Supreme Court of Brazil Rules Lula to Remain in Prison

By Sinikka Tarvainen, dpa

Demonstrators protest in front of the Justice Ministry in Brasilia calling for the release of former President Luiz Inacio Lula da Silva and the arrest of Brazil’s justice minister on June 10, 2019. (AFP/Evaristo Sa)

HAVANA TIMES – Brazil’s top court on Tuesday rejected a request to release former president Luiz Inacio Lula da Silva following allegations that a judge cooperated with prosecutors to jail him on corruption charges.

Lula’s lawyers had requested his release and the cancellation of his verdict following the accusations against former judge Sergio Moro, who is currently defense minister.

The Supreme Federal Court did not yet start discussing the allegations themselves, but one of the judges proposed that it release Lula temporarily until the lawyers’ request is decided on.

The court rejected the proposal with 3 votes to 2.

Lula, 73, started serving a 12-year prison sentence in April 2018 after being found guilty of corruption and money-laundering in connection with the renovation of a beachside penthouse he was planning to buy.

An appeals court later reduced the sentence to 8 years and 10 months.

Lula’s lawyers asked the Supreme Federal Court to order his release following allegations that Moro violated the rules of impartiality while working as a judge and handling the case.

Text messages attributed to Moro and prosecutor Deltan Dallagnol show that the then-judge “offered strategic advice to prosecutors and passed on tips for new avenues of investigation,” according to the website The Intercept Brasil, which made them public.

The Supreme Federal Court on Tuesday also rejected a second request for Lula’s release, which objected to an earlier decision by one of its judges to deny an appeal lodged by the ex-president’s defense.

Lula’s imprisonment prevented him from the contesting last year’s presidential elections, which he had been expected to win, and opened the way for far-right candidate Jair Bolsonaro, who was sworn in as president on January 1.

Bolsonaro made Moro his justice minister. Moro denies improper conduct during the corruption investigation.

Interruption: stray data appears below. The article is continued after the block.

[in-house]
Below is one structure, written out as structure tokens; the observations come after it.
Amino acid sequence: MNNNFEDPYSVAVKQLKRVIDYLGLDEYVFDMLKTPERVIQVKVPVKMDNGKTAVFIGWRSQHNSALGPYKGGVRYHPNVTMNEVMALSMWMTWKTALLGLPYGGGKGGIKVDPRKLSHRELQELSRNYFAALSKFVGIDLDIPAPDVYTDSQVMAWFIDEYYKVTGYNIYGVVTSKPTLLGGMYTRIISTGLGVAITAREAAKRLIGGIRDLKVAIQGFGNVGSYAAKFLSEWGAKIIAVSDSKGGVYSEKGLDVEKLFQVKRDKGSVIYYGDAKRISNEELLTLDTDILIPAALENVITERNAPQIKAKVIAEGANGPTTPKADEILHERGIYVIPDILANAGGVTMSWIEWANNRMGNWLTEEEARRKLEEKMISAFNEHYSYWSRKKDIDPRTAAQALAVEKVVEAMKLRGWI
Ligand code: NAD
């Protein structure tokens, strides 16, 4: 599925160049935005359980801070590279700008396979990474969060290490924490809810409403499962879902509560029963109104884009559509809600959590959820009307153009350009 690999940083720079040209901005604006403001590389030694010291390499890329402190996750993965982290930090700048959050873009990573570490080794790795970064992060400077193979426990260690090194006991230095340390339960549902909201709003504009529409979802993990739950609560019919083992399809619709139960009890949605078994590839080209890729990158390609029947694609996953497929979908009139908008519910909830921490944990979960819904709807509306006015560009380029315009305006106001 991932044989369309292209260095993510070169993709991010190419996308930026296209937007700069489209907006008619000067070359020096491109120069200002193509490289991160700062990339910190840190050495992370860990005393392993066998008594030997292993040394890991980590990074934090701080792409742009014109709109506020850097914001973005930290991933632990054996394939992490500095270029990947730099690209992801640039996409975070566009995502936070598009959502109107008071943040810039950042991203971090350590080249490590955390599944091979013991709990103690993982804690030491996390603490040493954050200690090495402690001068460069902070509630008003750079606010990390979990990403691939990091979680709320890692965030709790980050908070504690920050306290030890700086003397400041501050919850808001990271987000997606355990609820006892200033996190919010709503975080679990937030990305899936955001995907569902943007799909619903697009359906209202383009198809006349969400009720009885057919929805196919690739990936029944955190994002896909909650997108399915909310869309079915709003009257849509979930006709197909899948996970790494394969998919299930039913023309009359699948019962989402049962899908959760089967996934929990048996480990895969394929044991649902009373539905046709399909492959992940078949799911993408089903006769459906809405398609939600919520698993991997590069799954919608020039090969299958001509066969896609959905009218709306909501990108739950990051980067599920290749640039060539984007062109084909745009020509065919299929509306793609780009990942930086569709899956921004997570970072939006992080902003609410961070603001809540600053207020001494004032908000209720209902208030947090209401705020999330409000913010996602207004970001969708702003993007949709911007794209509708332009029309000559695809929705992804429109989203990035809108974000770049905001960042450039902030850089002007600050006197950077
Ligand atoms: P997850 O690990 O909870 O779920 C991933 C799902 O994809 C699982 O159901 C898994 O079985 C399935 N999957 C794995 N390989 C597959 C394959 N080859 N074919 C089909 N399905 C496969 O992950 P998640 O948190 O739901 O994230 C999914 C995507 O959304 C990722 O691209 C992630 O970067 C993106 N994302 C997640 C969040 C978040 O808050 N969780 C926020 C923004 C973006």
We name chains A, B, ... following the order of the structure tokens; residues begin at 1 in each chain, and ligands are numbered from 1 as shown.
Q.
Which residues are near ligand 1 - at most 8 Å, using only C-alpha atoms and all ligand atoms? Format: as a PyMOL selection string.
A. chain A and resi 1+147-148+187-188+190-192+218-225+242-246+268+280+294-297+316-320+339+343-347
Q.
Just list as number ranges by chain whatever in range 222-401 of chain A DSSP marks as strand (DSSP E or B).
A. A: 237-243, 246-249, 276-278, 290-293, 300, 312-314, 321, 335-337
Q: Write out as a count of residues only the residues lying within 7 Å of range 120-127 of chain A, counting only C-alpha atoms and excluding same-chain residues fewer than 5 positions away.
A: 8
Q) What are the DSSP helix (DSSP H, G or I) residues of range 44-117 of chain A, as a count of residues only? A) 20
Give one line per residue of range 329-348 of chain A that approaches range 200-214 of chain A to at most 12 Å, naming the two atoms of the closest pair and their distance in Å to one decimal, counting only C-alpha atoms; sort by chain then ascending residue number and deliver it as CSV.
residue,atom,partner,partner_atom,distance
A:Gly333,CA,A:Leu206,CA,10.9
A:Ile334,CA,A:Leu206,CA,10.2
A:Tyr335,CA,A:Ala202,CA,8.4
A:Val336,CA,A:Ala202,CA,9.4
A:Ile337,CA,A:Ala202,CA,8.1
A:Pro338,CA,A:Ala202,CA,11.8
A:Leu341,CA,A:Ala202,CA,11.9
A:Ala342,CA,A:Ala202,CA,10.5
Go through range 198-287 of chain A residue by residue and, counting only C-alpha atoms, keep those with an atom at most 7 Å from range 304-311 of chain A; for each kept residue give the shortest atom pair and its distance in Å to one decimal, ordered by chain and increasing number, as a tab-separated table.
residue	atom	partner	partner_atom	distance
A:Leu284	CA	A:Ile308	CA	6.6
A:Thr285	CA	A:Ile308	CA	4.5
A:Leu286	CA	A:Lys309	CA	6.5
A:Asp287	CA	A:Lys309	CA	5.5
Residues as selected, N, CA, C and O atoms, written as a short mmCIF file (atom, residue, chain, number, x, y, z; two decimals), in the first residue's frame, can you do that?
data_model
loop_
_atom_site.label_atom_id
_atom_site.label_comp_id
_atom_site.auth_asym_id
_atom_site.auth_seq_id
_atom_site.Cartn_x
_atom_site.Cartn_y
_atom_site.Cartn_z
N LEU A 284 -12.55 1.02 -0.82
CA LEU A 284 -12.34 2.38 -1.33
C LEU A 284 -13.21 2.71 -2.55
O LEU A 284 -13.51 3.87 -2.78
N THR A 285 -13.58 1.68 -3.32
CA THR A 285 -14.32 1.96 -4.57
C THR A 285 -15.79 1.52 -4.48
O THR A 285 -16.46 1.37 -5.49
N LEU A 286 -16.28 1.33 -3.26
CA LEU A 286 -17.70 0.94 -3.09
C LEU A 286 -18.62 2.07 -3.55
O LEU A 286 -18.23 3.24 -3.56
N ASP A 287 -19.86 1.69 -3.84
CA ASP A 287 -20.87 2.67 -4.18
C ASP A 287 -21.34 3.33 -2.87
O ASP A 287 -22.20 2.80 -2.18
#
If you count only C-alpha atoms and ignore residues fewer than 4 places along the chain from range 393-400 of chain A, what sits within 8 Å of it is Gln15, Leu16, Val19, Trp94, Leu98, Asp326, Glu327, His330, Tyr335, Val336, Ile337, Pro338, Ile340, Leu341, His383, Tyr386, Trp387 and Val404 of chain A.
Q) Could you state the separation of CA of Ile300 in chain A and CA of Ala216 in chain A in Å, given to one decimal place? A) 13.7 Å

The corruption charges against Lula are linked to the massive Lava Jato graft scandal surrounding the state oil company Petrobras, in which dozens of entrepreneurs and politicians have been implicated.

A working-class president, Lula oversaw strong economic growth and falling inequality during his 2003-2011 rule. His social policies earned him soaring popularity ratings, even as concern grew about corruption in his government.

One thought on “Supreme Court of Brazil Rules Lula to Remain in Prison

  • Brazil’s contribution to corruption is massive, because Odebrecht a Brazilian company, is known to have used bribes of over $750 million predominantly in South American countries. Who and where were the recipients?
    Cuba was the beneficiary of some $5 billion provided by Brazil when Lula was President, to enable the development of Mariel, the port lying west of Havana to which a new railway line and highway were constructed in anticipation of economic development. For a couple of years Raul Castro took visiting political dignitaries on obligatory visits, but his ardour appeared to diminish as it became evident that the project was a rather damp squib with workers being shipped in daily to do 24 hour shifts, from as far as fifty miles away in a fleet of glossy coaches bearing ‘Mariel Project’ lettering.
    Odebrecht was involved in the development of Mariel and if corruption was not involved, it would have been almost unique for them. How significant was it when Lula’s successor and Head of the Board of Petrobras the Brazilian nationalized oil industry – also known to have been involved in corruption, along with Raul Castro, jointly opened the new port.
    Because surprise, surprise, GAESA was also heavily involved – to the extent that in her speech at the opening, Dilma Rouseff (her original Bulgarian name of Rusev was changed to a Latin sounding one) made specific mention of General Luis Alberto Rodriguez Callejas, Raul’s son-in-law, thanking him for his work.
    So if as usual Odebrecht used bribes to secure the contracted work – who I wonder was the beneficiary?
    Let us hope that the Court considering the bankruptcy of Odebrecht insists on being provided with a list of the recipients of all those bribes.

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